News: Jay-Z & Trick Daddy Test Out Their Pen Game In November

Thursday, Sep 2, 2010 11:05PM

Written by Cyrus Langhorne

Rap mogul Jay-Z will face-off against Southern rapper Trick Daddy this November when their debut book releases hit stores on the same day.

According to reports, Trick's Magic City: Trials of a Native Son will hit shelves on November 16th.

Magic City: Trials of a Native Son, chronicles Trick Daddy's story against the backdrop of?Miami, the Magic City. It is an extraordinary story, of a childhood marked by poverty, a crime-laden adolescence, an incarceration, a meteoric rise to fame, and a struggle with a potentially fatal medical condition. It's the story of a boy whose father was a pimp; who, left to his own devices, learned to hustle to survive and whose only role model was his brother, the drug dealer he watched plying his trade on the block. But while his story is remarkable, the most astonishing part is that he is not only still alive, but that he got out. (Rap Radar)

On the day prior to Jay-Z's Decoded coming out, the rap mogul will give a talk at the New York Public Library in Manhattan.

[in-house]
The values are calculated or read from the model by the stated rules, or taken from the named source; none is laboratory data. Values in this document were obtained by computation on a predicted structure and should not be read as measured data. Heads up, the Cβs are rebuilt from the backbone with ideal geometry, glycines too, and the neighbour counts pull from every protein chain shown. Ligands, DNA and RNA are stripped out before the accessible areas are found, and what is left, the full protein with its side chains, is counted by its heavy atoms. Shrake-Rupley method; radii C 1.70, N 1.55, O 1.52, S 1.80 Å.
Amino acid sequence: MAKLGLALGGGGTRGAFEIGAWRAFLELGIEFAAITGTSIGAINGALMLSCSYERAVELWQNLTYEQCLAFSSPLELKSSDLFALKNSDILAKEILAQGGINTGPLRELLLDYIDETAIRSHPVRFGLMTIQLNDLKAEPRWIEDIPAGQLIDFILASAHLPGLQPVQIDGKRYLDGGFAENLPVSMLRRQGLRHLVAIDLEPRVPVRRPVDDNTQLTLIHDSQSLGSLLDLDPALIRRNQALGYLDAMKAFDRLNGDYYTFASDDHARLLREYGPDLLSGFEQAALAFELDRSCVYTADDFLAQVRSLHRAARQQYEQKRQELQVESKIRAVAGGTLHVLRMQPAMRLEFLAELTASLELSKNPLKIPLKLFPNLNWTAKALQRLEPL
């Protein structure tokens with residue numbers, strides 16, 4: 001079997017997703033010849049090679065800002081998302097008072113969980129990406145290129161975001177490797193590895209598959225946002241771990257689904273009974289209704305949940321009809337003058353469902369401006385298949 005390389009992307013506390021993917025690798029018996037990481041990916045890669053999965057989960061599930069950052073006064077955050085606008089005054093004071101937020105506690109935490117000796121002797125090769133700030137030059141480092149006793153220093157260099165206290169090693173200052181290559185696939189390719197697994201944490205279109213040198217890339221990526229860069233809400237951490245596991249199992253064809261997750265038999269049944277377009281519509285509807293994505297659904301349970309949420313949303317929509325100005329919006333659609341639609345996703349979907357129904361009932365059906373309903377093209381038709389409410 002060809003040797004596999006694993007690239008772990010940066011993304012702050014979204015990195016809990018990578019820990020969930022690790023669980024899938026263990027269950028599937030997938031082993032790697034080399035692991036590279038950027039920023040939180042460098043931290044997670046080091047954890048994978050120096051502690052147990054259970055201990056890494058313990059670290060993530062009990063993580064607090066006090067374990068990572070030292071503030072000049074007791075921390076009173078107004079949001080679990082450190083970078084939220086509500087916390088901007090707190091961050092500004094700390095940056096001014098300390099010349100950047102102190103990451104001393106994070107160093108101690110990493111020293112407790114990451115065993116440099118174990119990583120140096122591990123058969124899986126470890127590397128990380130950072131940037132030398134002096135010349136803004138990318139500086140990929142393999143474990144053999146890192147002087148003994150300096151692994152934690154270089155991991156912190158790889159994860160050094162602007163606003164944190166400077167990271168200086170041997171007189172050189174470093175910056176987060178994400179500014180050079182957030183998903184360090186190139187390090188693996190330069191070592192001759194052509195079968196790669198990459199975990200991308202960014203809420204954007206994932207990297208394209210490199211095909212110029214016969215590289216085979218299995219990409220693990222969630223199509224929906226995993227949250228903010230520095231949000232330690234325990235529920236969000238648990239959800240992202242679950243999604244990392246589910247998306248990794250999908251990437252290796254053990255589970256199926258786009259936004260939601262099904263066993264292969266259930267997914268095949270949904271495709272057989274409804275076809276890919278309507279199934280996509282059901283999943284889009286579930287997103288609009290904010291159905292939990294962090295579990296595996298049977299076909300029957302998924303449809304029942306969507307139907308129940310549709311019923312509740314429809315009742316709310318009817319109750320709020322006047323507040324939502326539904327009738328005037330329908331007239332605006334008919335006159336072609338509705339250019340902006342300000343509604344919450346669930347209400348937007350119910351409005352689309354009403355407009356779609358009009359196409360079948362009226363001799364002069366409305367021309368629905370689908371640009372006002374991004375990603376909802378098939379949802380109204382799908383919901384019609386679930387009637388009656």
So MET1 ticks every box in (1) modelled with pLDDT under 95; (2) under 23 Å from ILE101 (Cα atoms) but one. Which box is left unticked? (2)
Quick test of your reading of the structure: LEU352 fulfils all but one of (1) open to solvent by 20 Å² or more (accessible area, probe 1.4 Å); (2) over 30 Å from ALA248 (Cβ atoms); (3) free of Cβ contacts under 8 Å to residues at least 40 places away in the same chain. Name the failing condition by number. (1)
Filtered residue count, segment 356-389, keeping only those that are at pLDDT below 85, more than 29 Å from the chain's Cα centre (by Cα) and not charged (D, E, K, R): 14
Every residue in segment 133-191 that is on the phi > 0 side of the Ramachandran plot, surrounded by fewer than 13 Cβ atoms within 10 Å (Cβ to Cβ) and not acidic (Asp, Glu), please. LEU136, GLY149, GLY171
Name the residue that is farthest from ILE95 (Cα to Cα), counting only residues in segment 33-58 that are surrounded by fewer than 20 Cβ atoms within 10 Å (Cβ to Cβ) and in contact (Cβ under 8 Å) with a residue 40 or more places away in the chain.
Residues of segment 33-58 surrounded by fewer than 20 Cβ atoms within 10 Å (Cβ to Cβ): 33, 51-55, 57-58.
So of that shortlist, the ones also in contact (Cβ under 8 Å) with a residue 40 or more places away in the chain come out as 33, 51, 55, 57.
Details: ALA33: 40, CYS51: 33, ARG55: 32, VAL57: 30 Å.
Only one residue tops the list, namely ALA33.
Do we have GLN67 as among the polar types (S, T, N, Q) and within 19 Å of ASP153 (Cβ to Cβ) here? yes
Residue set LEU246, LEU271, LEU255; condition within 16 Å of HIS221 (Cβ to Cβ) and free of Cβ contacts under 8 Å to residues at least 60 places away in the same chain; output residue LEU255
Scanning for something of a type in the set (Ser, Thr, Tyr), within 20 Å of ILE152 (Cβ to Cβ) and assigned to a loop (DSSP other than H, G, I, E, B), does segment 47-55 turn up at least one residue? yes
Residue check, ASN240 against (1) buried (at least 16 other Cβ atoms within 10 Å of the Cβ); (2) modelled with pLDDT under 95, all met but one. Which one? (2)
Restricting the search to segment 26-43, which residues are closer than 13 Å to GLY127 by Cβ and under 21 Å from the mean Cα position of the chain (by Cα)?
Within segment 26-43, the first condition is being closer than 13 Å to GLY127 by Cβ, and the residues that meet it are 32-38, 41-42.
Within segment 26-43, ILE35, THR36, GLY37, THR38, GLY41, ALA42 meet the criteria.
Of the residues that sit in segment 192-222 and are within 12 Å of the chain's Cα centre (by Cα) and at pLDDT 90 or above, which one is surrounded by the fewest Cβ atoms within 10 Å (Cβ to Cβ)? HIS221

Jay-Z will discuss his memoir "Decoded" on Nov. 15. The library has hosted musicians before, including members of the Velvet Underground and David Byrne of Talking Heads. (Associated Press)

Details on the book were released last month.

When Rolling Stone spoke to Jay-Z for our June 2010 cover story, he talked about why he was reluctant to release the autobiographical work, even though it was completed several years ago. "It's too much. For the book, I was interviewed, people close to me were interviewed. So I was learning a lot of things I didn't know as a child," Jay-Z told RS. "It's not anything I haven't said in the past, in songs. It's just more detailed. A song is three minutes long. A book doesn't have to rhyme, and it has no time limit, so you can say exactly how everything went." Jay-Z also admitted he was most affected by parts of Decoded that concerned his father, who abandoned the family when Jay-Z was 11. "It was still wrong, at the end of the day, but he did stick around at a time where it wasn't particularly cool or popular," Jay-Z said. "He married my mom at a time when guys were just leaving, and you'd never even meet your dad. So it made me ease up a little bit in how I felt about him." (Rolling Stone)

Aside from his book, Trick Daddy's last album dropped in fall 2009.

Southern rapper Trick Daddy's Finally Famous: Born A Thug Still A Thug opened up at No. 34 this week. After seven days in stores, the rapper's new album has sold 13,300 pieces. (SOHH Sales Wrap)

Check out Jay-Z briefly speaking on on his Decoded book below:

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